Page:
The Re-forging of Christendom: The Theological and political impact of the reformation

From the Excerpts of Martin Luther’s Ninety- Five Theses and Johann Tetzel’s sermon on Indulgences, we can get the fact that having become increasingly alarmed at the extravagant and spiritually destructive claims offered by indulgence preachers to the Christians of Wittenberg’s neighboring electorate, Martin Luther’s motivation and pressure can be seen. He presents his Ninety- Five Thesis as an invitation to his intellectual peers on the subject on indulgence and the abuses associated with them. The sub-commissioner, Tetzel, participates in the disputation his motivation and pressure being the written claims on the indulgence by Martin Luther and criticizes the Theses presented by Martin Luther. The pressure Luther receives from the critics of Tetzel, he refutes specific points by beginning with an attack on the Scholastic tripartite division of penance as scripturally unfounded and concludes with a direct reproach of Tetzel’s insinuation of Luther as a heretic (Spielvogel et al.241).

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When examining the map of Europe at the time of reformation, some of the areas affected by the reformation included Germany, the Baltics and Scandinavia which were mostly Lutheran churches, Switzerland, France, Netherlands, France, Hungary and Scotland, on the other hand were reformed. In Northern Europe, most countries became influenced into Protestantism except Ireland. Central Europe was not very much affected, but southern Europe on the other hand was not affected at all.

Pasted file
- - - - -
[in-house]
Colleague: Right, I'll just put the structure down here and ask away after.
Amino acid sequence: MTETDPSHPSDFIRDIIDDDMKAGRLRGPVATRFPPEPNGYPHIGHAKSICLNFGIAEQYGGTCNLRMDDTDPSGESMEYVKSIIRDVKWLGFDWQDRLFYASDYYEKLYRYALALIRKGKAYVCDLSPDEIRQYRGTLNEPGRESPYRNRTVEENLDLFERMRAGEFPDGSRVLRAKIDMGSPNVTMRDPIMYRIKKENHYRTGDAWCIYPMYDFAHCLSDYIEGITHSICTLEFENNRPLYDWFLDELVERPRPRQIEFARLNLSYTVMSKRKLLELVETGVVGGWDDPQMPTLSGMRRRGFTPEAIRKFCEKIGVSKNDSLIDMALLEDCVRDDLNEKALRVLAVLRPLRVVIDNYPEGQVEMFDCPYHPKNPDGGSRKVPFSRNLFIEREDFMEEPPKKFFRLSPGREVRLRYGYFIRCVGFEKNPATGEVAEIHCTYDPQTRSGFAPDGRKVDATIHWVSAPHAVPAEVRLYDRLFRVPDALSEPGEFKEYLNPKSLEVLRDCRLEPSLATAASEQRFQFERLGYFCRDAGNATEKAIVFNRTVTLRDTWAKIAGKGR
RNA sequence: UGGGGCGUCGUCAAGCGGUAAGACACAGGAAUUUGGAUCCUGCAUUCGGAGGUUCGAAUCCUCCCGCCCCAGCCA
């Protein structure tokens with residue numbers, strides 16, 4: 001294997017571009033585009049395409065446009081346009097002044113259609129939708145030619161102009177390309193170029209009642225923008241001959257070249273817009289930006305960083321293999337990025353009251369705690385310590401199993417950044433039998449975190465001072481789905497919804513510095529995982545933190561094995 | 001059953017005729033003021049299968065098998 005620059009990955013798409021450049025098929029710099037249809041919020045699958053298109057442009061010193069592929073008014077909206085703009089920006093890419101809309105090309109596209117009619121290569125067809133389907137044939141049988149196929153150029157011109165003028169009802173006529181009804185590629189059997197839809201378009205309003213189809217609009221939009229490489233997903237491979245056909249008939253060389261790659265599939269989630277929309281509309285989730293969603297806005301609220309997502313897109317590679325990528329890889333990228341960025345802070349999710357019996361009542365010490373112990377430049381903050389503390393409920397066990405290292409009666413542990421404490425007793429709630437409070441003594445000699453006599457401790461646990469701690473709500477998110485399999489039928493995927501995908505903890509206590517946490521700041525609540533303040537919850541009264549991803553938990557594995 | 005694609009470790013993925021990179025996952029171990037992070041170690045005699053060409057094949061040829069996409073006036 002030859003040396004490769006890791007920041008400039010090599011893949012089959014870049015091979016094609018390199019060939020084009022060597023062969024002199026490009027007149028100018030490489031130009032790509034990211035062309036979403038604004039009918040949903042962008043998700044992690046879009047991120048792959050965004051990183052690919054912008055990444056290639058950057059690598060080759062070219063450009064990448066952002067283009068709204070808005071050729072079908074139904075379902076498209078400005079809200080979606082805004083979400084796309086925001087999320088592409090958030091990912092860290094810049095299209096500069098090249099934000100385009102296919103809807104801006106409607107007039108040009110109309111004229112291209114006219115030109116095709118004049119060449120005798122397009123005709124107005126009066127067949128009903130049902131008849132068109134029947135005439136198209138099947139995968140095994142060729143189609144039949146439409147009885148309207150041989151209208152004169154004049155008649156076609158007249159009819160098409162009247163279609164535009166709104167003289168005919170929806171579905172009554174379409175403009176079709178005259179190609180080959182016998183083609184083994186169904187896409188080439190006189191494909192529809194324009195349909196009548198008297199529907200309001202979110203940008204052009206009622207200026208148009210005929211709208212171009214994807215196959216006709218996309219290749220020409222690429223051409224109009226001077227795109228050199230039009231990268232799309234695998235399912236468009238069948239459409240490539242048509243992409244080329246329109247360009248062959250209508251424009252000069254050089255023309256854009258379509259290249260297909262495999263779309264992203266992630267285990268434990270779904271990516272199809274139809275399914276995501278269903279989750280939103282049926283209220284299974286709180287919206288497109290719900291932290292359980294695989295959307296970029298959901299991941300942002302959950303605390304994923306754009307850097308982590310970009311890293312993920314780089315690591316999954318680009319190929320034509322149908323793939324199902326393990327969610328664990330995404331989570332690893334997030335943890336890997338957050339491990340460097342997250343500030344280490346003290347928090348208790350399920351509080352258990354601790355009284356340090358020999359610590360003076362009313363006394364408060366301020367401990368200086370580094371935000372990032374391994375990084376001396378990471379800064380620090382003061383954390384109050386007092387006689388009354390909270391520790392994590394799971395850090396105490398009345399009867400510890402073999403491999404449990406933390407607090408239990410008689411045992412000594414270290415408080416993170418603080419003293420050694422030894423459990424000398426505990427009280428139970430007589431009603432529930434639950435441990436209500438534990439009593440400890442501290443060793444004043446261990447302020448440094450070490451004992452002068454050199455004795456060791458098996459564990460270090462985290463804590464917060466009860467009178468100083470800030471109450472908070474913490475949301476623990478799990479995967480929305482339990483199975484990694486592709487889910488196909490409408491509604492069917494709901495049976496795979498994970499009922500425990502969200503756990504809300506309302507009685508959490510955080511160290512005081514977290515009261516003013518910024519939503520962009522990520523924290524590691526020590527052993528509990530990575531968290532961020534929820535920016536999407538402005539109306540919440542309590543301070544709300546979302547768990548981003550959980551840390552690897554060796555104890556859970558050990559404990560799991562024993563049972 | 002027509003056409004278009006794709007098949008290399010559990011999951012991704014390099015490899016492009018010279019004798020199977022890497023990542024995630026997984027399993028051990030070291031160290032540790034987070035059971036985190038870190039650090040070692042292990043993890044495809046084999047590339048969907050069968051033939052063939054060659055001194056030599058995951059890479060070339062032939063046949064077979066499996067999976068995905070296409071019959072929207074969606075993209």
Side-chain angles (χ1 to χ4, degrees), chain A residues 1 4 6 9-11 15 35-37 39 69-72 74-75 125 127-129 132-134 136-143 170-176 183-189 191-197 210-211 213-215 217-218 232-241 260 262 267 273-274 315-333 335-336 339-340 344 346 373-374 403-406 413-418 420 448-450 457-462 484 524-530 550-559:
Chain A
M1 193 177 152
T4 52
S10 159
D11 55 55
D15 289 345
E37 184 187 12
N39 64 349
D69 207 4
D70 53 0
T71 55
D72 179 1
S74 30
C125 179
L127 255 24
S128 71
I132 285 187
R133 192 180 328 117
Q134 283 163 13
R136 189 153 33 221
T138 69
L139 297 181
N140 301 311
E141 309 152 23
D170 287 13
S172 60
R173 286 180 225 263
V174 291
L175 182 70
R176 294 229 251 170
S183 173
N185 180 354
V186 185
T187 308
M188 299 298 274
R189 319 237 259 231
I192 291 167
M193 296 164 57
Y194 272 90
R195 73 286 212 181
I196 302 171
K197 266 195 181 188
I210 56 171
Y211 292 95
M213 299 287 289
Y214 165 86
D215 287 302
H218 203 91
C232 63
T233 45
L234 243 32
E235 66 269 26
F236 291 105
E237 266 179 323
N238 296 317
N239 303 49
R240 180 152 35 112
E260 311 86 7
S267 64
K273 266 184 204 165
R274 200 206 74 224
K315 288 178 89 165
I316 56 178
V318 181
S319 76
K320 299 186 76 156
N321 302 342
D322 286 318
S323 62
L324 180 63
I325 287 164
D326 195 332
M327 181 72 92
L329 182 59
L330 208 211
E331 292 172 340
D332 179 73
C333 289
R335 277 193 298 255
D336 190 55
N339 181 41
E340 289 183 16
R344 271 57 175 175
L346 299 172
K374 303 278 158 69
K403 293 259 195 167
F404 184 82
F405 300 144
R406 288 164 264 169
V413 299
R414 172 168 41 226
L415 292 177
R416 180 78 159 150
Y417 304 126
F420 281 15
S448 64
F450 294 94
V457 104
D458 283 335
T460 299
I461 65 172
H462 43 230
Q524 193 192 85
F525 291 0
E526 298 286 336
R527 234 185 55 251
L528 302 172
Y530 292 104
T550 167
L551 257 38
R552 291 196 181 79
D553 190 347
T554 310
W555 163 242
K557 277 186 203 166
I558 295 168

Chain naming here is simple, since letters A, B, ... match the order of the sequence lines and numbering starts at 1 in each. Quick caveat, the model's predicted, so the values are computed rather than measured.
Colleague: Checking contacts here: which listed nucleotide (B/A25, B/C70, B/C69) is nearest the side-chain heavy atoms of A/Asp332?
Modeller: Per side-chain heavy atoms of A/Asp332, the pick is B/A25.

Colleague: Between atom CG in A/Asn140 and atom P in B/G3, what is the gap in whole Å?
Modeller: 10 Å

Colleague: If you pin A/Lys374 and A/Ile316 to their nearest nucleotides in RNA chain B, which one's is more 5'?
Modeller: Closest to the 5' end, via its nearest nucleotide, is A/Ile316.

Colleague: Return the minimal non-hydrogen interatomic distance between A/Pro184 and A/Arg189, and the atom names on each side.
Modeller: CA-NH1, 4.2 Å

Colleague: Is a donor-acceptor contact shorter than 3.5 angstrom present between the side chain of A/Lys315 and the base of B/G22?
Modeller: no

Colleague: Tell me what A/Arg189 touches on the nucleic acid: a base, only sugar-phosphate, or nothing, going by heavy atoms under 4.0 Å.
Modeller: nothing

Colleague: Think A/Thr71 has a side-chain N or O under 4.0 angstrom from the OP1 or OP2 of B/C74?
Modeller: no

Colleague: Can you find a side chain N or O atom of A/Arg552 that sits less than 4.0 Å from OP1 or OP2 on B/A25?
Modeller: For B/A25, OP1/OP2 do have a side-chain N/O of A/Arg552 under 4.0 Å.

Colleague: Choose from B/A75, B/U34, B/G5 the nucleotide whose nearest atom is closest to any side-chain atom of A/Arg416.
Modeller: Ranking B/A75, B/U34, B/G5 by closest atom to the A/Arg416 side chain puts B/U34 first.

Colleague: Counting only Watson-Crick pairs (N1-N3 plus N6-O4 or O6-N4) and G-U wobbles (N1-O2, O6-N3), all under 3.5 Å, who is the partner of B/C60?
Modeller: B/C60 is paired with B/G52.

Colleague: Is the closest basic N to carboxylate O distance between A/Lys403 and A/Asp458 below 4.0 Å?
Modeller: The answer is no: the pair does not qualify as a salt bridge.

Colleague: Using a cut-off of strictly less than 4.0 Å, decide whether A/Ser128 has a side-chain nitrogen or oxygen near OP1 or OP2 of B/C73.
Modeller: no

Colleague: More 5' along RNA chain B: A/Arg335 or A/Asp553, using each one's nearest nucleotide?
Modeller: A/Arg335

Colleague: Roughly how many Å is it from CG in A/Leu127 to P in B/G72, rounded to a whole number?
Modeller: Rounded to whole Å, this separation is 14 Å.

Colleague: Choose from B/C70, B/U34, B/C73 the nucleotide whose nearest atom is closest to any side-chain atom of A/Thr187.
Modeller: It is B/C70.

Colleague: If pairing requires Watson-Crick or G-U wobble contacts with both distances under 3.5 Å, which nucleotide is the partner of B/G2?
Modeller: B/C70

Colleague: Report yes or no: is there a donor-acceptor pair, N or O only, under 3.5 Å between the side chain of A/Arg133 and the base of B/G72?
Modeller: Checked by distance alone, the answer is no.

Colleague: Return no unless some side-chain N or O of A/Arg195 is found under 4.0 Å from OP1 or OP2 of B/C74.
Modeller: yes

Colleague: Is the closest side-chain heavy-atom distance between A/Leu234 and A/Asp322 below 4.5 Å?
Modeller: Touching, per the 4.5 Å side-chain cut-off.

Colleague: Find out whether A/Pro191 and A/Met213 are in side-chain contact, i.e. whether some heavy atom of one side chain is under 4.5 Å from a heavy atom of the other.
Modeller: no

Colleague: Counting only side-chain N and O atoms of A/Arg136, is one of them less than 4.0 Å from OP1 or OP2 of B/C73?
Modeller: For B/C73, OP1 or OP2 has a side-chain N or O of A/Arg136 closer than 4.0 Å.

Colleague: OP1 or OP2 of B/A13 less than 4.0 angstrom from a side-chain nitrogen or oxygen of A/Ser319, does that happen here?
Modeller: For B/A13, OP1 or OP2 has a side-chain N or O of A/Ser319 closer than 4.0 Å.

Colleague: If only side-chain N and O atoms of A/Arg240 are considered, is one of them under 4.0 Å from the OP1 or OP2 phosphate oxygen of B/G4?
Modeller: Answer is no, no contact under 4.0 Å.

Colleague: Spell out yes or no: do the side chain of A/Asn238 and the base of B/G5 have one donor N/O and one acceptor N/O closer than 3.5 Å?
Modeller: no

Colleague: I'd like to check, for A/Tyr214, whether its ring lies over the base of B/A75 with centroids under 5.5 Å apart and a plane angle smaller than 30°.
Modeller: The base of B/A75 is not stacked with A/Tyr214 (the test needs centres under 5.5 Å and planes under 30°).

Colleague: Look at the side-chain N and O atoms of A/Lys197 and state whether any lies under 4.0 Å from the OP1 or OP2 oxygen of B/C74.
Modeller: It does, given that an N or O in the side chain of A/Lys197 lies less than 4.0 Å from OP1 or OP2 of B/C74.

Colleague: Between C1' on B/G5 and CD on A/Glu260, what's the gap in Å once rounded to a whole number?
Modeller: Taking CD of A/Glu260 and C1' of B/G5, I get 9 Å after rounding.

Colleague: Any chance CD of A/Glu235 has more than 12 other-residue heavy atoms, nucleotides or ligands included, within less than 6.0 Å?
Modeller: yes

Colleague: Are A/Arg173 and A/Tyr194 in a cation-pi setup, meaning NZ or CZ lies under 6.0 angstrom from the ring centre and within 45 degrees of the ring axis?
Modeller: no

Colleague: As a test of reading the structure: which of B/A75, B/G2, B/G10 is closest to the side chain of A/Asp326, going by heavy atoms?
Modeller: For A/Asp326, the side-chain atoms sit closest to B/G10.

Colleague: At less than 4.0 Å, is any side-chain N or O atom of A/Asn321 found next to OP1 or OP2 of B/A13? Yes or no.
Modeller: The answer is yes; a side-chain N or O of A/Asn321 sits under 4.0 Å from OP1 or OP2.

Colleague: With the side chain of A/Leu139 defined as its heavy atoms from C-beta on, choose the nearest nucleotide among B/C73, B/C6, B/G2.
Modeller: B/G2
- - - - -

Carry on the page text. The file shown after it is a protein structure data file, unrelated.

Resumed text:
The timeline of the reformation of the Protestantism in Europe was between 1483 1nd 1546. In 1517, martin Luther made a protest against the catholic practice of indulgence by nailing the 95 theses, in 1521; He was summoned to answer questions before Charles V Holy Roman Emperor. In 1525, an anti-Baptist movement began. In 1526, the Bible Translation into English was published. In 1531, Ulrich Zwingli was killed in the battle between protestants and Catholics in Switzerland. In 1534 all catholic links were broken. In 1559, John Knox helped to establish a protestant church of Scotland (Spielvogel et al.244).

 

Work Cited

Spielvogel, Jackson J. Westrern Civilisation: A brief History : Comprehensive Volume. Belmont,             CA” Thomson/ Wadsworth, 2008. Print.

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